Last week, DIY girls from our Creative Coding summer camp visited Rabbx Inc., an independent game production company located in Arleta, Los Angeles. Rabbx Inc. specializes in virtual and augmented reality—a topic introduced to our girls as they learned how code can be used to create interactive art experiences. 

We left Rabbx that day feeling like we had visited another world. Girls went to space and the deep sea virtually with the HTC Vive, a virtual reality headset developed by HTC and Valve Corporation. This device turns a room into a 3D environment using sensors. The sensor set up allows users to navigate a space naturally using their entire body. 

It’s hard to explain how you feel when experiencing virtual reality for the first time. For me, I felt like I found my happy place — completely enraptured in the world of art, technology, and magic. When I asked our girls about their experience, I received a resounding, “IT WAS SO COOL” (my first thoughts as well). Girls had similar words to express their feelings, however, so much more was communicated to me with the excitement in their eyes and smiles. I could tell that they had just experienced something they had never seen before— and that is important.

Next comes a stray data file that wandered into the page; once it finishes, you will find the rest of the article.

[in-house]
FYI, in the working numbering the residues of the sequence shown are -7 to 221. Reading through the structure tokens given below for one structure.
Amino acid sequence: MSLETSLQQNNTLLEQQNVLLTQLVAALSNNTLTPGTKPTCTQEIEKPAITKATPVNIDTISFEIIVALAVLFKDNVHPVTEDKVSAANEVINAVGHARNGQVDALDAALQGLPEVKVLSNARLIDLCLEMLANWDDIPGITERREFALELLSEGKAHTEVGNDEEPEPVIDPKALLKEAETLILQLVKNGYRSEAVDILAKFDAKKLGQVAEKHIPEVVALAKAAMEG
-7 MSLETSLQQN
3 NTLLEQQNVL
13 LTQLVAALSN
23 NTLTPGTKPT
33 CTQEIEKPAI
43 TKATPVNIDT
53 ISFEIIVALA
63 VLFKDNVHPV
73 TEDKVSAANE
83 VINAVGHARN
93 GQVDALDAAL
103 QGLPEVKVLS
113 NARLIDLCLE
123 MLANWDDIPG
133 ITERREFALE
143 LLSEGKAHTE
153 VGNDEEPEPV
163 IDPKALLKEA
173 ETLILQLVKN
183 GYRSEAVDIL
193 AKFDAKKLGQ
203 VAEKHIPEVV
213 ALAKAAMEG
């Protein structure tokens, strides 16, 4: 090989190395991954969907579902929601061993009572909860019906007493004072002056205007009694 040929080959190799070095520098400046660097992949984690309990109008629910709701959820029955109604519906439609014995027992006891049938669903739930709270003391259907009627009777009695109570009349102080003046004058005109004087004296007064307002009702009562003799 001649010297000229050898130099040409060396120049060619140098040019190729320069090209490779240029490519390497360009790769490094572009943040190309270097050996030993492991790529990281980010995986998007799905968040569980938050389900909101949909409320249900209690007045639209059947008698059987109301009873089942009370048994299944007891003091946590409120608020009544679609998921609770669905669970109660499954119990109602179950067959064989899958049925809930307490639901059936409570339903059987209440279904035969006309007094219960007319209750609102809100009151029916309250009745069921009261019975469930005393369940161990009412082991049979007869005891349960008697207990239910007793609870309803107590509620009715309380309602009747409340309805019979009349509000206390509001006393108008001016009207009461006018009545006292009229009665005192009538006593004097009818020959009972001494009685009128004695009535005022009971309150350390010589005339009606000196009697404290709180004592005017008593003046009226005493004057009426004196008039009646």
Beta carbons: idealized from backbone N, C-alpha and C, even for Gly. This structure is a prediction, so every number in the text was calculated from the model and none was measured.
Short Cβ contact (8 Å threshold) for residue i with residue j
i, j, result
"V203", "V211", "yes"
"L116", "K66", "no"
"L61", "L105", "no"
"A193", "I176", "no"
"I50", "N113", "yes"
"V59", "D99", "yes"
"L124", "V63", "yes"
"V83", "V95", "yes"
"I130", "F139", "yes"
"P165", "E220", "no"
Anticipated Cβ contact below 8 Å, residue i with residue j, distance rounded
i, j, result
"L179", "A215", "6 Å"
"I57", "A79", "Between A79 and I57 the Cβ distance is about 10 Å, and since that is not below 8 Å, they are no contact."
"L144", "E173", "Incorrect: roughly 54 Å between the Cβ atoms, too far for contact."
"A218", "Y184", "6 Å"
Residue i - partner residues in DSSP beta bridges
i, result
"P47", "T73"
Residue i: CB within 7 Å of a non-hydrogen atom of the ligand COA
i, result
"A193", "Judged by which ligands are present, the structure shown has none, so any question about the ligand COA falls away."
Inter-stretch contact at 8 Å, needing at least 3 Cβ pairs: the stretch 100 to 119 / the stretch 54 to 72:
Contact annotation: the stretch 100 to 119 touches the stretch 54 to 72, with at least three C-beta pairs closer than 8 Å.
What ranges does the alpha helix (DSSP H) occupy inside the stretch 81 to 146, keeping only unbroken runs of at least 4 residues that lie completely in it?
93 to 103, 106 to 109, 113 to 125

Girls also got to play with an augmented reality game created by Rabbx Inc. called, Ghostly Mansion. In this game, you become a ghost imprisoned inside your home. In order to release your spirit and be at peace, you must unravel the mystery of your death. The girls absolutely love this game — although many asked Tori, co-creator of Ghostly Mansion, when “the scary parts happen”. 

Speaking directly with the creators of the product made their experience whole. They were not just playing a game. They were actively analyzing its design and engaged in conversation with awesome engineers. 

To top off what was already an amazing tour, the neighboring production studio gave us the opportunity to see a REAL spaceship…prop studio and the largest green screen I’ve ever seen. I’ve never seen so many selfies taken in my life. It was an unforgettable experience for both DIY Girls staff, and the girls. 

We ended the tour with a Q & A with Tori, Aaron, and Joe —innovative entrepreneurs in the field of creative technology. I was impressed with the questions our girls asked and thankful for the openness of our hosts. Girls learned about the different ways VR can be used to change the world. They learned about importance of internships and education, but most of all, girls learned how critical it is to follow what you’re passionate about in life.

A big thank you to Jo Wright, our DIY Girls Board Member, for connecting us with Rabbx. 

- written by Sylvia Aguinaga, Director of Curriculum